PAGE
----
Invite yourself into celebrities' houses!
Explore the houses in Atlantic Loire Valley that were once home to famous people. Some of them, designated "Maisons des Illustres", have even been kept unchanged and offer an amazing insight into the world of these legendary figures.
Georges Clemenceau's house, Saint-Vincent-sur-Jard (Vendée)
It feels as though he has just popped out for a stroll among the cypresses and maritime pines. The modest fisherman's house, to which statesman Georges Clemenceau retired in 1919 at the age of 78, has remained intact ever since his death. Behind its white walls, visitors can see the personal effect of "The Tiger", including his duelling pistols, souvenirs from Japan – a country he particularly admired – the 1,500 books in the library corridor, his hunting trophies, and his bed, raised up so he could see the sea. Positioned facing the immense ocean is the desk on which the ex-President of the Council wrote several books. Outside, along with his friend Claude Monet he created a gardenwith various impressive features, on the dune.
Cambronne's apartments, Nantes (Loire-Atlantique)
Although the very chic cours Cambronne bears his name and is home to his statue, it was at 3 rue Jean-Jacques Rousseau that the famous general lived for 22 years after he retired, alternating between his country estate of la Baugerie in Saint-Sébastien-sur-Loire. Originally from Nantes, this most loyal of Napoleon's men, who was actually nicknamed the Count of the Empire, was particularly attached to his city apartment, set over 200 m2 of a succession of Haussmann-era salons. Today, these are used for receptions and various events, and the entire place has been renamed the Cercle Cambronne. It can be visited by appointment or during the Heritage Days, when you can admire its sumptuous chandeliers, mouldings and gilt decoration...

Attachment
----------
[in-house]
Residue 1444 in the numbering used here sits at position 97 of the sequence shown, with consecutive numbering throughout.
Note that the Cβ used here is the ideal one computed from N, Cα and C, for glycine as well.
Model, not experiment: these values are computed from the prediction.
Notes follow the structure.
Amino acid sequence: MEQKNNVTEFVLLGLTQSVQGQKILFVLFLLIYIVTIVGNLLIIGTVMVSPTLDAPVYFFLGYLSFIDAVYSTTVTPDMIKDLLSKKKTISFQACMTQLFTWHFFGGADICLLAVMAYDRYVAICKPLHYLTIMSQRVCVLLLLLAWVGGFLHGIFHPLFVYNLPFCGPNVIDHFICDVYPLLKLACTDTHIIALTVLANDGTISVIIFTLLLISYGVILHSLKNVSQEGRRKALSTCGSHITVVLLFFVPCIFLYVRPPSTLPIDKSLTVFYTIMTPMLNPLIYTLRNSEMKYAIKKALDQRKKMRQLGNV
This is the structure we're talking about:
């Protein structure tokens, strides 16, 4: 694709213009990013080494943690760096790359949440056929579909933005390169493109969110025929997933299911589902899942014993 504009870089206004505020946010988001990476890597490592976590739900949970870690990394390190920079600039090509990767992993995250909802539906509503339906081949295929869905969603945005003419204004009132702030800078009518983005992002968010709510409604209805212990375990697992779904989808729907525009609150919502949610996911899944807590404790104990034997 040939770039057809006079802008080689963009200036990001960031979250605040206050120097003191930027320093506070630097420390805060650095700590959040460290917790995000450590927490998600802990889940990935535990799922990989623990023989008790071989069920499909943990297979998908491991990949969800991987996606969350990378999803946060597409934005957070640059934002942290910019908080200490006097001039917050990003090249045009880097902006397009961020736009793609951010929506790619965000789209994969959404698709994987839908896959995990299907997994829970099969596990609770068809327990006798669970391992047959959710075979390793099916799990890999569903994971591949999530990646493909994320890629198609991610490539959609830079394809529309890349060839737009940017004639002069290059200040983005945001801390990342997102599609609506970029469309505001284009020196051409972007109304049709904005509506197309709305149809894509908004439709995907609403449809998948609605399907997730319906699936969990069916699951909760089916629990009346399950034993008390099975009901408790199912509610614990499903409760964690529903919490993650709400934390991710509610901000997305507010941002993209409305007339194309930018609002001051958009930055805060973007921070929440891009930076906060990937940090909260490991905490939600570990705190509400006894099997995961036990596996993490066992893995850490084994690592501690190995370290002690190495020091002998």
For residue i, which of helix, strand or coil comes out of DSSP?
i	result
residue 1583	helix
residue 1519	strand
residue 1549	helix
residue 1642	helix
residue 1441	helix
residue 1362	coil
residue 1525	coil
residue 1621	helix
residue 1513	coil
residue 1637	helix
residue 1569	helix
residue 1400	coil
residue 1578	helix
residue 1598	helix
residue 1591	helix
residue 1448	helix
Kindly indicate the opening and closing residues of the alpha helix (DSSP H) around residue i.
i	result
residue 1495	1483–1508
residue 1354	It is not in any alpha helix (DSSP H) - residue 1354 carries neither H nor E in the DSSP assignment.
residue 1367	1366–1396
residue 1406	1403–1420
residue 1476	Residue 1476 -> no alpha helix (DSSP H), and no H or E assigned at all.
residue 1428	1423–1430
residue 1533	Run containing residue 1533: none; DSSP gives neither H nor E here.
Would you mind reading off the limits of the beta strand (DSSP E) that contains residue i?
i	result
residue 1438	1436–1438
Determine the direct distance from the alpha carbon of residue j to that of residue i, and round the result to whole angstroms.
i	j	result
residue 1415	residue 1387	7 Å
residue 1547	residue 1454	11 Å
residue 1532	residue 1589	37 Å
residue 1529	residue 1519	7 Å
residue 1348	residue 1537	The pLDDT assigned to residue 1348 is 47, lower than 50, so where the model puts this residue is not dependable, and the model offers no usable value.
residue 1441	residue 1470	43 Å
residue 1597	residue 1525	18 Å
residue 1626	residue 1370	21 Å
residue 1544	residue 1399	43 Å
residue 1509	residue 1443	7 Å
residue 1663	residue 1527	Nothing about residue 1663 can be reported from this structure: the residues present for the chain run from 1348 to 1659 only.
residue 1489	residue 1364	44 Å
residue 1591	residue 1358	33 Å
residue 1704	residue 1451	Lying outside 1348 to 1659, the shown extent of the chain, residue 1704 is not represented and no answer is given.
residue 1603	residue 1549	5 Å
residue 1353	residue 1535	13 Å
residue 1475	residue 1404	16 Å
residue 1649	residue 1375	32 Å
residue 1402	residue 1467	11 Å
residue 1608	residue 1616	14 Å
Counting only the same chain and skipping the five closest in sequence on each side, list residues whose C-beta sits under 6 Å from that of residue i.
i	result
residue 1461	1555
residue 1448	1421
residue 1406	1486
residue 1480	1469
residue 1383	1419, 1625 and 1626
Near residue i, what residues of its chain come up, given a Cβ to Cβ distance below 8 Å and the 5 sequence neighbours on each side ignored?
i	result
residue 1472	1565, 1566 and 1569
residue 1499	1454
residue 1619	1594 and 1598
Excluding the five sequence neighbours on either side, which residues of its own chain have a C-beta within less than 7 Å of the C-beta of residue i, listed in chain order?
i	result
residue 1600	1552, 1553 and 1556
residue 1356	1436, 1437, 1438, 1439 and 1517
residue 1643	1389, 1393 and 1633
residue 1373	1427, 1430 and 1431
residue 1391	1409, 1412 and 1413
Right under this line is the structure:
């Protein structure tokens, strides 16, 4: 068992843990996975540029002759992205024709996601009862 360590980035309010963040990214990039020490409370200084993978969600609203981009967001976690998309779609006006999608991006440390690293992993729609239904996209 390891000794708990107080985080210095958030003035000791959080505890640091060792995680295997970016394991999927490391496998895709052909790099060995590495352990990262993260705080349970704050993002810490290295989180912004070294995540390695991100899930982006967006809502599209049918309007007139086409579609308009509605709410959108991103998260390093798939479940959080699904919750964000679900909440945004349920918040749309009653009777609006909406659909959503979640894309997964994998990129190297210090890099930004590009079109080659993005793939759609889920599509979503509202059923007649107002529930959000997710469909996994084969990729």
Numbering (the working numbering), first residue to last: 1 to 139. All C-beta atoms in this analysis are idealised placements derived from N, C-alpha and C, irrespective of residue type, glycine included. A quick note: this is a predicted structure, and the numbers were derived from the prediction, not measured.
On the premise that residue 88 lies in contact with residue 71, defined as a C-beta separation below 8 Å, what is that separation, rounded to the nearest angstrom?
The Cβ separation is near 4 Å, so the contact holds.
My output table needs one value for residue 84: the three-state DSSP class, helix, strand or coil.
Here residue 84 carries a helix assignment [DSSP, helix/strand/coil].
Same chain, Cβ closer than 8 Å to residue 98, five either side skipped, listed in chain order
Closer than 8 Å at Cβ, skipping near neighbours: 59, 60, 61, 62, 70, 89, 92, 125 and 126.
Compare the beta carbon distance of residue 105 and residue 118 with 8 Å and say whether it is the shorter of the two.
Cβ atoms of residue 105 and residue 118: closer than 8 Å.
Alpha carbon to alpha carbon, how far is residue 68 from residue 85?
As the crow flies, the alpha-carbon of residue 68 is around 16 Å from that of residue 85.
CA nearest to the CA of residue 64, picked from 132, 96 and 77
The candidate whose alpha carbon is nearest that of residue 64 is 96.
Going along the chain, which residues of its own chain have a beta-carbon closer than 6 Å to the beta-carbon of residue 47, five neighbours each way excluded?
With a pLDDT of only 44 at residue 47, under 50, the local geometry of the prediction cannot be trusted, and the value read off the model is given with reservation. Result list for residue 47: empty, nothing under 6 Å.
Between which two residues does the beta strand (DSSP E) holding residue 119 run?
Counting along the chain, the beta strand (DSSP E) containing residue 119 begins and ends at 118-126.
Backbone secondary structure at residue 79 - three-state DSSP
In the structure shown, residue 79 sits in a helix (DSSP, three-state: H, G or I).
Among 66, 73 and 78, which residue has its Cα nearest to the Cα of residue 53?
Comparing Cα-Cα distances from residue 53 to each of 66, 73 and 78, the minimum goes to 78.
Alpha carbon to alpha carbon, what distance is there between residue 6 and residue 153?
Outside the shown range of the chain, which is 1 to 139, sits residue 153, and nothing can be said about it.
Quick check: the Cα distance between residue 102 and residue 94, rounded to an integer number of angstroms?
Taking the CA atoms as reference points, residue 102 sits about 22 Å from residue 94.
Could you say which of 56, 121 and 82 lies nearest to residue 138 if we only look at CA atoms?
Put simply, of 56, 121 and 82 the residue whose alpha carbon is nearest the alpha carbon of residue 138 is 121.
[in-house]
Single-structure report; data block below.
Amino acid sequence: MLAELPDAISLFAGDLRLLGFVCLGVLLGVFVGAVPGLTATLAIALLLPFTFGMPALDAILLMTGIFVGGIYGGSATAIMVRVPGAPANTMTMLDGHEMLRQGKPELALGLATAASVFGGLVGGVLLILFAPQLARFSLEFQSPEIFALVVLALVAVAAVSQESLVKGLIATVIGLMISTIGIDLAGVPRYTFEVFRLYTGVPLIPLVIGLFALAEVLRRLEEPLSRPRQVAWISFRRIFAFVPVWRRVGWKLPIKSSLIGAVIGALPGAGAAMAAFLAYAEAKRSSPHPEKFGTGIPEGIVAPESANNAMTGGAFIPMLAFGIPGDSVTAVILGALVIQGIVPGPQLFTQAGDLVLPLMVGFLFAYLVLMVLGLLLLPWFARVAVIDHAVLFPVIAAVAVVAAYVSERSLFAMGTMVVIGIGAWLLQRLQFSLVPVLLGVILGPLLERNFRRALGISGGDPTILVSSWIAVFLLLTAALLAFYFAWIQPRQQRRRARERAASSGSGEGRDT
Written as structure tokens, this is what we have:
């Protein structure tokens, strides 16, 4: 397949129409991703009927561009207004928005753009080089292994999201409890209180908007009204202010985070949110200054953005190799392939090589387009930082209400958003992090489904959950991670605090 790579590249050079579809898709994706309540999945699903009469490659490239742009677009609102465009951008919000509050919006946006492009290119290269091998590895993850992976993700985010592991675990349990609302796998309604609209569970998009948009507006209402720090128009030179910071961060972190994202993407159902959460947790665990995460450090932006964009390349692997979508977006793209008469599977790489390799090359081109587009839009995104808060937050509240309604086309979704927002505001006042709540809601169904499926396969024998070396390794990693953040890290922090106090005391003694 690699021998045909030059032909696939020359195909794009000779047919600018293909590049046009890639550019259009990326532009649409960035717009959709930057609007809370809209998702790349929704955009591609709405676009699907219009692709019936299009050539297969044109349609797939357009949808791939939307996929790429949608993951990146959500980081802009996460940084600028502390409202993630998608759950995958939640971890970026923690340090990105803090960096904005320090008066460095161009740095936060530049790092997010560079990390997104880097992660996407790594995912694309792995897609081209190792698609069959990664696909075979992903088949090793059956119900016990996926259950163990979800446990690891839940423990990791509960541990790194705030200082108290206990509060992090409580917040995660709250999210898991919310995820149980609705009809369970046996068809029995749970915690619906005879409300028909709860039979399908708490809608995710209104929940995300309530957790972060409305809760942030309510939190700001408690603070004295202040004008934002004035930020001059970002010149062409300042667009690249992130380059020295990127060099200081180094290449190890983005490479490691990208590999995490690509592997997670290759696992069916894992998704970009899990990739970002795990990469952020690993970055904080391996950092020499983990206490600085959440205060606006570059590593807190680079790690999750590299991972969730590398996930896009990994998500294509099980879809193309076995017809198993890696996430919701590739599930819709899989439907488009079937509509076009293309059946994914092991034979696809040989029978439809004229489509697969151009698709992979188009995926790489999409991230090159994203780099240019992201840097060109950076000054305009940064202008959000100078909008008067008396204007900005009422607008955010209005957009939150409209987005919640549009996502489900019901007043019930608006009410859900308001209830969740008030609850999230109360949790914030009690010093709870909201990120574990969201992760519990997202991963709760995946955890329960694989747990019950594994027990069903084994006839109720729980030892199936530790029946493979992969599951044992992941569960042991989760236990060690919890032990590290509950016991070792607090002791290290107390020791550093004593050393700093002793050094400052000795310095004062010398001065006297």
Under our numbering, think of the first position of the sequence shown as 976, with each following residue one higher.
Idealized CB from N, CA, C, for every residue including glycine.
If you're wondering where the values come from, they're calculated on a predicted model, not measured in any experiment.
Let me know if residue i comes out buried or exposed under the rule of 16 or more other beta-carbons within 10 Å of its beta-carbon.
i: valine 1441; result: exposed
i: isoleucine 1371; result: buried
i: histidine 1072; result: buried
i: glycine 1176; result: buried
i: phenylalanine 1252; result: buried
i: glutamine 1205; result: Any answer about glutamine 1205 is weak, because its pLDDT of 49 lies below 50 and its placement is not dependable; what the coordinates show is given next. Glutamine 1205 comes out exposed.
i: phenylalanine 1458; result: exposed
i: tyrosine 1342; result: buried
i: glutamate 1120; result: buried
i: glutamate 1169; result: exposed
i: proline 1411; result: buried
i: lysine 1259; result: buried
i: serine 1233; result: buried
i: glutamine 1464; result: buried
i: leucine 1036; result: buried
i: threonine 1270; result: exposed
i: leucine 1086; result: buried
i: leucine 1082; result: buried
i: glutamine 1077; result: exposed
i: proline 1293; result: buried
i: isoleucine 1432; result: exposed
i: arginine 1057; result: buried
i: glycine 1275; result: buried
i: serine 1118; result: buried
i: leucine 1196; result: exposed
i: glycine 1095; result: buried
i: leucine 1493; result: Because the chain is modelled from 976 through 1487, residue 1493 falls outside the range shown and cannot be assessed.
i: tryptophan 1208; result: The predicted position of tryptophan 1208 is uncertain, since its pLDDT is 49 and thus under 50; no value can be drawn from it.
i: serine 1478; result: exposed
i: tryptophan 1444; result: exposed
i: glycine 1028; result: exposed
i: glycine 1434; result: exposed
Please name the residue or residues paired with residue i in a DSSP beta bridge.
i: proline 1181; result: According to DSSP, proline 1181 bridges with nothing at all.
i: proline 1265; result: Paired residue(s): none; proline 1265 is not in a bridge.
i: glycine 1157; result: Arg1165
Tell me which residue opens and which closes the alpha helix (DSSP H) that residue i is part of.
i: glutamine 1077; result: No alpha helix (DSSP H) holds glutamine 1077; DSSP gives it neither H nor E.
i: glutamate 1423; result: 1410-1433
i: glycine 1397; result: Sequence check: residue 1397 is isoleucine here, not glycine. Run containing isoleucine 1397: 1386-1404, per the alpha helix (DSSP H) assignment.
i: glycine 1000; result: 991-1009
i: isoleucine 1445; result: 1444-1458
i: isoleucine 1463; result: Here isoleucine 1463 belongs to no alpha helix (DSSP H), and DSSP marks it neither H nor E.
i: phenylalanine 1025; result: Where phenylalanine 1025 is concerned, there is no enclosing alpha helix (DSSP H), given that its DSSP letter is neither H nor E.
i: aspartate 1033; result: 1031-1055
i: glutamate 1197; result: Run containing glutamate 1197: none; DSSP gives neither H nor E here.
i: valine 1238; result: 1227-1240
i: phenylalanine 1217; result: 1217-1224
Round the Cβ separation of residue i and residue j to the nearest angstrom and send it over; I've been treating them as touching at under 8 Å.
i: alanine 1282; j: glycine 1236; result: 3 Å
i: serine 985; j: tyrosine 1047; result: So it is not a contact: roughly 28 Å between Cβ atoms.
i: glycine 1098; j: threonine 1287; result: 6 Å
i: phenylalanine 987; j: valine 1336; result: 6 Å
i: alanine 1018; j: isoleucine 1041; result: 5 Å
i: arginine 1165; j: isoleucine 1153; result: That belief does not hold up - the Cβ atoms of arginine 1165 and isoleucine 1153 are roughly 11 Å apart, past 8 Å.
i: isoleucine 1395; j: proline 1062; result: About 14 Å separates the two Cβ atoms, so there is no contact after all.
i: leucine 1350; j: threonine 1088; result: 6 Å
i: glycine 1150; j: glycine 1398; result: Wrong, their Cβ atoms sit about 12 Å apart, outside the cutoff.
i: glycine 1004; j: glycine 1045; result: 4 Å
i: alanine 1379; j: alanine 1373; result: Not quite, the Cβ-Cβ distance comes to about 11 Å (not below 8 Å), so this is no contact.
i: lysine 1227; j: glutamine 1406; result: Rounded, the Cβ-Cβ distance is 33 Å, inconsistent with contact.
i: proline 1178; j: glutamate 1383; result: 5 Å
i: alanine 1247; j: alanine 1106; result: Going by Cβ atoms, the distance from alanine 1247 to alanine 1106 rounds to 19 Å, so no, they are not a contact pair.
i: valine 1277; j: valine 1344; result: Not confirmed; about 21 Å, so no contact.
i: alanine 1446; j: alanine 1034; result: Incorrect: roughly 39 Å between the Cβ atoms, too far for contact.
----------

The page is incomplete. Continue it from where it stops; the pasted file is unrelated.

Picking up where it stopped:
Robert Tatin's house, Cossé-le-Vivien (Mayenne)
An astonishing property to say the least! In 1962, the artist Robert Tatin and his wife Lise moved into this old farmhouse in the lieu-dit of La Frénouse. This was the beginning of an incredible work, a monumental sculpture build in the fields near the residence. It took a total of 21 years to create this piece, which is reminiscent of the Palais Idéal by the Ferdinand Cheval. It is now a museum that houses the Mayenne artist's paintings, in particular. You can also explore the building he lived in, and in one corner you'll spot the owner's horse shoes and brushes, his tiny TV, a Gaudi-style lampshade, a table made from tree trunks, and more. Outside, the garden is home to the grave of the whimsical creator.
Julien Gracq's house, Saint-Florent-le-Vieil (Anjou)
The illustrious writer Julien Gracq had barely any taste for society events and the atmosphere of the Paris salons. Having declined the Prix Goncourt in 1951 for The Opposing Shore, he chose instead to spend his older years by the Loire in his childhood home. Upon his death, he decided to bequeath the building, located half way between Nantes and Angers, on the condition that it would become a kind of writers' retreat. Nearby, the second building on the property (the old salt store, no less) houses the Room of maps, a space open to the public that pays tribute to the writer's interest in geography. The remarkable library on the first floor can be opened upon request. It brings together the works of the local boy, as well as a selection of books put together by contemporary authors and artists.